Whether you’re an actor or a freelance plumber, you’ve got a brand to market and that brand is you! Even if you work for a corporate gig, you still want to package your image and skills in a way that others around you can vibe with and respect. It’s not just about the clothes you wear or how you hold your posture, your brand is a presentation of your assets and personality. Your personal brand is a representation of the things you can deliver to others. As you grow and learn new skills, you’ll want to update your personal image. As you begin to expand your social circles, you’ll find the same old practices don’t cut it any more. If you’re not going back and reflecting on the effectiveness of your presentation, you might be burning more opportunities than if you took some active time improving your image and branding.

A word I have been obsessed with lately is calibration. So much of effective branding is getting noticed, and to get noticed you need to do things other people don’t do. You’ve got to take risks, and here’s the important part: reflect on those risks and calibrate your approach next time to find the sweet spot. Put yourself in situations where you can experiment with how your personal brand resonates with others in different social circles. Go strike up conversations with people, ask for feedback, video tape yourself and the way you interact with others. (I’ve learned so much about little quirks I do that make me look like a goofball by watching video of myself.) Whether you’re an airforce pilot or an actor on Broadway, we can significantly improve how other people view us simply by reflecting on our own behaviors and calibrating to something more effective.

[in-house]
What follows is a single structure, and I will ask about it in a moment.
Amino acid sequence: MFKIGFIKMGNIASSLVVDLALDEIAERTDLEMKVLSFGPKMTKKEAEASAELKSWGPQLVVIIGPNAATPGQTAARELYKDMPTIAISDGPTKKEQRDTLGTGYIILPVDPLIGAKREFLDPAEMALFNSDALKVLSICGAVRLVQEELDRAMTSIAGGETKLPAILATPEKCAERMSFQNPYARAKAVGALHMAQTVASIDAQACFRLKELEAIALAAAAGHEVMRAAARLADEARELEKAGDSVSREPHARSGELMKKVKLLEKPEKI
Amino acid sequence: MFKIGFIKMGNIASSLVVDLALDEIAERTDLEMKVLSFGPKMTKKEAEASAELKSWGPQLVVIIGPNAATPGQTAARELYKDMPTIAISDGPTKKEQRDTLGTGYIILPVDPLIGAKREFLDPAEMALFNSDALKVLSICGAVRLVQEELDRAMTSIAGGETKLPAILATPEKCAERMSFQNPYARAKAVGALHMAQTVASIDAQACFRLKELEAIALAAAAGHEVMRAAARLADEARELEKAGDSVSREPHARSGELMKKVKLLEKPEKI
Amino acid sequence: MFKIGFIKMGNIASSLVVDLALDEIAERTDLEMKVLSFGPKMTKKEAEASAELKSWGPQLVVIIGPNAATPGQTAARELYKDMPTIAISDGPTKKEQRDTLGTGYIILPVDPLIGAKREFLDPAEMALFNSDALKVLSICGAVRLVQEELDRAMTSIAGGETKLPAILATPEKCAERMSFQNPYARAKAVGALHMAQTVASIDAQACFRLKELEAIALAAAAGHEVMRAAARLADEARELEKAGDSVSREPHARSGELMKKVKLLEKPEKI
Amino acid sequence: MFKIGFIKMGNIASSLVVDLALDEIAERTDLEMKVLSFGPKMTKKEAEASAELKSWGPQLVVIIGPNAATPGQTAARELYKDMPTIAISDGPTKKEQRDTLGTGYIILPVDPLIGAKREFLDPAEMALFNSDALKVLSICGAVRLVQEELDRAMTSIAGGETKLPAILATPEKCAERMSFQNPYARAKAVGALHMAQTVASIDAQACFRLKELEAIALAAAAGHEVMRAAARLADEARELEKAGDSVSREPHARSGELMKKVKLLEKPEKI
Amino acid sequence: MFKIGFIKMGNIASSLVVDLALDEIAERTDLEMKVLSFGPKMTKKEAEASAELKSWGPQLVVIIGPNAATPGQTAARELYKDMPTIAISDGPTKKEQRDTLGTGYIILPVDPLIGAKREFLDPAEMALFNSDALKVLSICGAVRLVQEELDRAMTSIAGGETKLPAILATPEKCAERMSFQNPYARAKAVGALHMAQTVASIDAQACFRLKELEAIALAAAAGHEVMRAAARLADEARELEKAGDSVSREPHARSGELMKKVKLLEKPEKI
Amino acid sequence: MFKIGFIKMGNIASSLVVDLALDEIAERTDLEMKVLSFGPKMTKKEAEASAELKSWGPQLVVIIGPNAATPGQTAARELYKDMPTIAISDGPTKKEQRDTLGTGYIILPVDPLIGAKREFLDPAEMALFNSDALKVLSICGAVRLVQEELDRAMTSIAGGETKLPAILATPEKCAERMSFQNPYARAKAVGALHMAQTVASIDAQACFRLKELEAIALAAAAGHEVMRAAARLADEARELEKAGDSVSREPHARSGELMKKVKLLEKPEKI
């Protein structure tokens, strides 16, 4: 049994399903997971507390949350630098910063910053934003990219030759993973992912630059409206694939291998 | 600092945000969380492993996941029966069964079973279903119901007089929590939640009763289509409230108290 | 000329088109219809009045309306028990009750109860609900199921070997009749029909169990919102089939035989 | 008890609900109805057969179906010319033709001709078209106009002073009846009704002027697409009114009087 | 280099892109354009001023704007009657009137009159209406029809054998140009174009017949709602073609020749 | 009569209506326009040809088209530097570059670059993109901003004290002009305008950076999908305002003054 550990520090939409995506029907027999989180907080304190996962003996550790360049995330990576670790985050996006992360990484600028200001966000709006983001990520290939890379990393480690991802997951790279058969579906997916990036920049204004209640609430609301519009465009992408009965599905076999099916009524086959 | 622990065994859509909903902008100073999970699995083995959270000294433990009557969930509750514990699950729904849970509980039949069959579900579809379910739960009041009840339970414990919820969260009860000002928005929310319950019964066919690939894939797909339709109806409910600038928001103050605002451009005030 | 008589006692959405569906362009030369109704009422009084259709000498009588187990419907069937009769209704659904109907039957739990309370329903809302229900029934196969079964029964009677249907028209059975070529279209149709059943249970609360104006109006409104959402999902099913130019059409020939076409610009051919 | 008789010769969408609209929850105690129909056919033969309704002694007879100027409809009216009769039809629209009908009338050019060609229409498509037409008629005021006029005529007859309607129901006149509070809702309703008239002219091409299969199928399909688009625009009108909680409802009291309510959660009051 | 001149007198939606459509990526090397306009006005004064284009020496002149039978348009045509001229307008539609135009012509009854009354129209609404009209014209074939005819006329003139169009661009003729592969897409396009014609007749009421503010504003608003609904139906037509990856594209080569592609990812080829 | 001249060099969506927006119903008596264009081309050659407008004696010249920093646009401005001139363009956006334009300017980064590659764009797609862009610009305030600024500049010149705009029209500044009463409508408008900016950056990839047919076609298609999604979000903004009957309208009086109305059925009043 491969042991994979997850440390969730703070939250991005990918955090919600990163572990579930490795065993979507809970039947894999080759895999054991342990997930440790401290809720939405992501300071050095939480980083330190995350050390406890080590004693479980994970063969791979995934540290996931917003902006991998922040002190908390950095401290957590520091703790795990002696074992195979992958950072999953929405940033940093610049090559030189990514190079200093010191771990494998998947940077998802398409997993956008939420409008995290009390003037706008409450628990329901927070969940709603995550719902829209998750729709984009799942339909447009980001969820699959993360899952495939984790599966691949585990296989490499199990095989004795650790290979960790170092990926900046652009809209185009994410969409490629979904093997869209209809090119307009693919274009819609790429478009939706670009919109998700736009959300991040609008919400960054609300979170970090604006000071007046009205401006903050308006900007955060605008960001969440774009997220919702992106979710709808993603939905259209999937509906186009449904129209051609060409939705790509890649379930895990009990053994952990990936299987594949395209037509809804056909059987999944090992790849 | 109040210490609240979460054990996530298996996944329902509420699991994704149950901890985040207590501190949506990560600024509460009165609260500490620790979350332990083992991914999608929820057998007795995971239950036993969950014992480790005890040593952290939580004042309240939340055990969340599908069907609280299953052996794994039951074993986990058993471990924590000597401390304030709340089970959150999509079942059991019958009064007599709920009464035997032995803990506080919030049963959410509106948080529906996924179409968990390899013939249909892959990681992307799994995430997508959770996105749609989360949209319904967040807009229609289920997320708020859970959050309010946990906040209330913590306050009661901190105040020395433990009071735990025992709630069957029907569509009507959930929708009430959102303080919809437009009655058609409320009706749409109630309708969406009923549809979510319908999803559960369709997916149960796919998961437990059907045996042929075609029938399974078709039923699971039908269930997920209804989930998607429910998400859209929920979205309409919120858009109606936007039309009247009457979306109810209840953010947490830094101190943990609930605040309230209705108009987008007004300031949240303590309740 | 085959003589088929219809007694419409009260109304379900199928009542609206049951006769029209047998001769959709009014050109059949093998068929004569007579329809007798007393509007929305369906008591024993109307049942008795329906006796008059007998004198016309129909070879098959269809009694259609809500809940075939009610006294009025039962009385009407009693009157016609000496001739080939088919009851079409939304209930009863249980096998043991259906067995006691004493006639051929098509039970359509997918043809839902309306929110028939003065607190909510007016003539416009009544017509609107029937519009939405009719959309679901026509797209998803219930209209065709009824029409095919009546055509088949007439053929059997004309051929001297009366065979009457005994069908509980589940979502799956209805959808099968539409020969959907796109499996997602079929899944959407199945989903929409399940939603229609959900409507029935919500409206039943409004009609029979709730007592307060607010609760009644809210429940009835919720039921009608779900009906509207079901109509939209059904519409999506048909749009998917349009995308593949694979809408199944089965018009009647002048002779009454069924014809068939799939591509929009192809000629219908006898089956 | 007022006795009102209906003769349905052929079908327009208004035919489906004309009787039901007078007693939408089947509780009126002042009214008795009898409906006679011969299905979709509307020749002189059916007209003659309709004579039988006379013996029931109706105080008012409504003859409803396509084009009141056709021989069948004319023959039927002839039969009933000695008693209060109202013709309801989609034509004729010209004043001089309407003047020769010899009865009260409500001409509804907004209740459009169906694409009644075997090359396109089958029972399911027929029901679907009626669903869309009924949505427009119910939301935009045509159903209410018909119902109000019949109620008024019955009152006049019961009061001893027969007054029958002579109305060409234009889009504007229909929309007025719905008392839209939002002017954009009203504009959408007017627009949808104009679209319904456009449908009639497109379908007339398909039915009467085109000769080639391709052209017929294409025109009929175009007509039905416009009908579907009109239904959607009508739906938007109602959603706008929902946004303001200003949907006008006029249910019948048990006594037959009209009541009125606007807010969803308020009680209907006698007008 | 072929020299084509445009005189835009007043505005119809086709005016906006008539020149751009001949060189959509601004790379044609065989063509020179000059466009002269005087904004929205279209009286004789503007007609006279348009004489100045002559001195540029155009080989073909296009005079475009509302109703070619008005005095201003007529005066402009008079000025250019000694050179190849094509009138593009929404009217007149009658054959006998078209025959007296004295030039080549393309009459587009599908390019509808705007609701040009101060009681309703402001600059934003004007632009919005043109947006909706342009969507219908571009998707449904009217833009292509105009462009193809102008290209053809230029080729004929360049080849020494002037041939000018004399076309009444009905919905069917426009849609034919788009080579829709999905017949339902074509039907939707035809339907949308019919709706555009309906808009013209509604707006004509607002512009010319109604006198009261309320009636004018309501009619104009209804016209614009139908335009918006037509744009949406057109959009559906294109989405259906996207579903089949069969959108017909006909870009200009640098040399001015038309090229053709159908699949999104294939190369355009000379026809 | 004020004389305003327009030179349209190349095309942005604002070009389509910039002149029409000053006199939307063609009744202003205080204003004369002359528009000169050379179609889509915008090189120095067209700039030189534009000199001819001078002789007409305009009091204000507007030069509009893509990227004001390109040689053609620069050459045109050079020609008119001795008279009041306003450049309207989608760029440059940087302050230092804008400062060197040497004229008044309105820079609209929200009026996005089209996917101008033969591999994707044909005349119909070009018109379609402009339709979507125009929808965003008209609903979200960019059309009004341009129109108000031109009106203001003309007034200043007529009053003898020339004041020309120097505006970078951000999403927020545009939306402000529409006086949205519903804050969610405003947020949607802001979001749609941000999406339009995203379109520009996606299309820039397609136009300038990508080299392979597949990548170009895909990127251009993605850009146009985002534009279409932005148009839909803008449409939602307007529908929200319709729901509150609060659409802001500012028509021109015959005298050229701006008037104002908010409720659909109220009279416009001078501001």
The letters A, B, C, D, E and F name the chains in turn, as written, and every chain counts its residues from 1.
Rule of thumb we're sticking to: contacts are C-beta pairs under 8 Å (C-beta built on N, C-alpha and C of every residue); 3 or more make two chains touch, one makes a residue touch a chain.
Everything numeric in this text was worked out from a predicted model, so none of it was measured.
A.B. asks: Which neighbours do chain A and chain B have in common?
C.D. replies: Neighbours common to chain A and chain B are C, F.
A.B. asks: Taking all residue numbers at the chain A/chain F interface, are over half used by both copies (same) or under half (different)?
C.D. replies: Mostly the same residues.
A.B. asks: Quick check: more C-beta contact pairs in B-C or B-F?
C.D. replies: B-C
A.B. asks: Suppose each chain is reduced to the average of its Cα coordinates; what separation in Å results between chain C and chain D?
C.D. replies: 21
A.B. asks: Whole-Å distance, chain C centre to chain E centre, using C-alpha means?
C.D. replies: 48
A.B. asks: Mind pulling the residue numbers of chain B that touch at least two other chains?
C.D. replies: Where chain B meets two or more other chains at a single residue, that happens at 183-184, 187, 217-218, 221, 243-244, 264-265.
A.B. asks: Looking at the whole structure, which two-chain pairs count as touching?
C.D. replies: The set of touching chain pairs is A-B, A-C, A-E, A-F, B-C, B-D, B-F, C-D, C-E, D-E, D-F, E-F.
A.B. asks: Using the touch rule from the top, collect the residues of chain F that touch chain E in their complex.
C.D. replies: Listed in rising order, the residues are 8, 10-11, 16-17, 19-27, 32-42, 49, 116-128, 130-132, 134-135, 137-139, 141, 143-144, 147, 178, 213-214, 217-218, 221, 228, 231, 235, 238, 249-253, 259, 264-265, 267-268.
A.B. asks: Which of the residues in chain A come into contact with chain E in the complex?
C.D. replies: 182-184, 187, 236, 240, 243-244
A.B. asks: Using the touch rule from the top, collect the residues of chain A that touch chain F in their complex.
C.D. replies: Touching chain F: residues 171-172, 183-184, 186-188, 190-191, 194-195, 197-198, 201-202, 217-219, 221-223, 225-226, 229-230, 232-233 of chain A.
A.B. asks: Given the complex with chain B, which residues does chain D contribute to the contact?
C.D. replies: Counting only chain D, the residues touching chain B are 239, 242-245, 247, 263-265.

Principle 5: Teach

I remember the time I saw my mentor, Randal Kleiser, after directing one of my very first film projects. He asked how it went, I replied, “It was the greatest thrill of my life.” Making movies is still an amazing thrill, but I’ve come to find an even greater thrill that seems to trump all others. It’s the thrill I get every time I teach a workshop or help someone find a solution to a problem they’re having. The thrill of giving back. Why is that? And what does teaching have to do with building a network?

It’s not until we start giving back that we realize how much experience and value we have acquired and are able to give. If we truly wish to build a legacy, we need to filter our knowledge and experience back to others. But more importantly, putting yourself in a position where other people are depending on you and looking to you for an answer ignites some inner drive to become better, to learn more, to finish harder. Teaching also solidifies your own understanding of a concept and improves your ability to relate with others, both of which are invaluable tools in networking I might add. It’s great to learn how to build a better image and network smarter, but it’s epic to teach others to do the same.

 

Author: Noah Edward Scott - LA REELS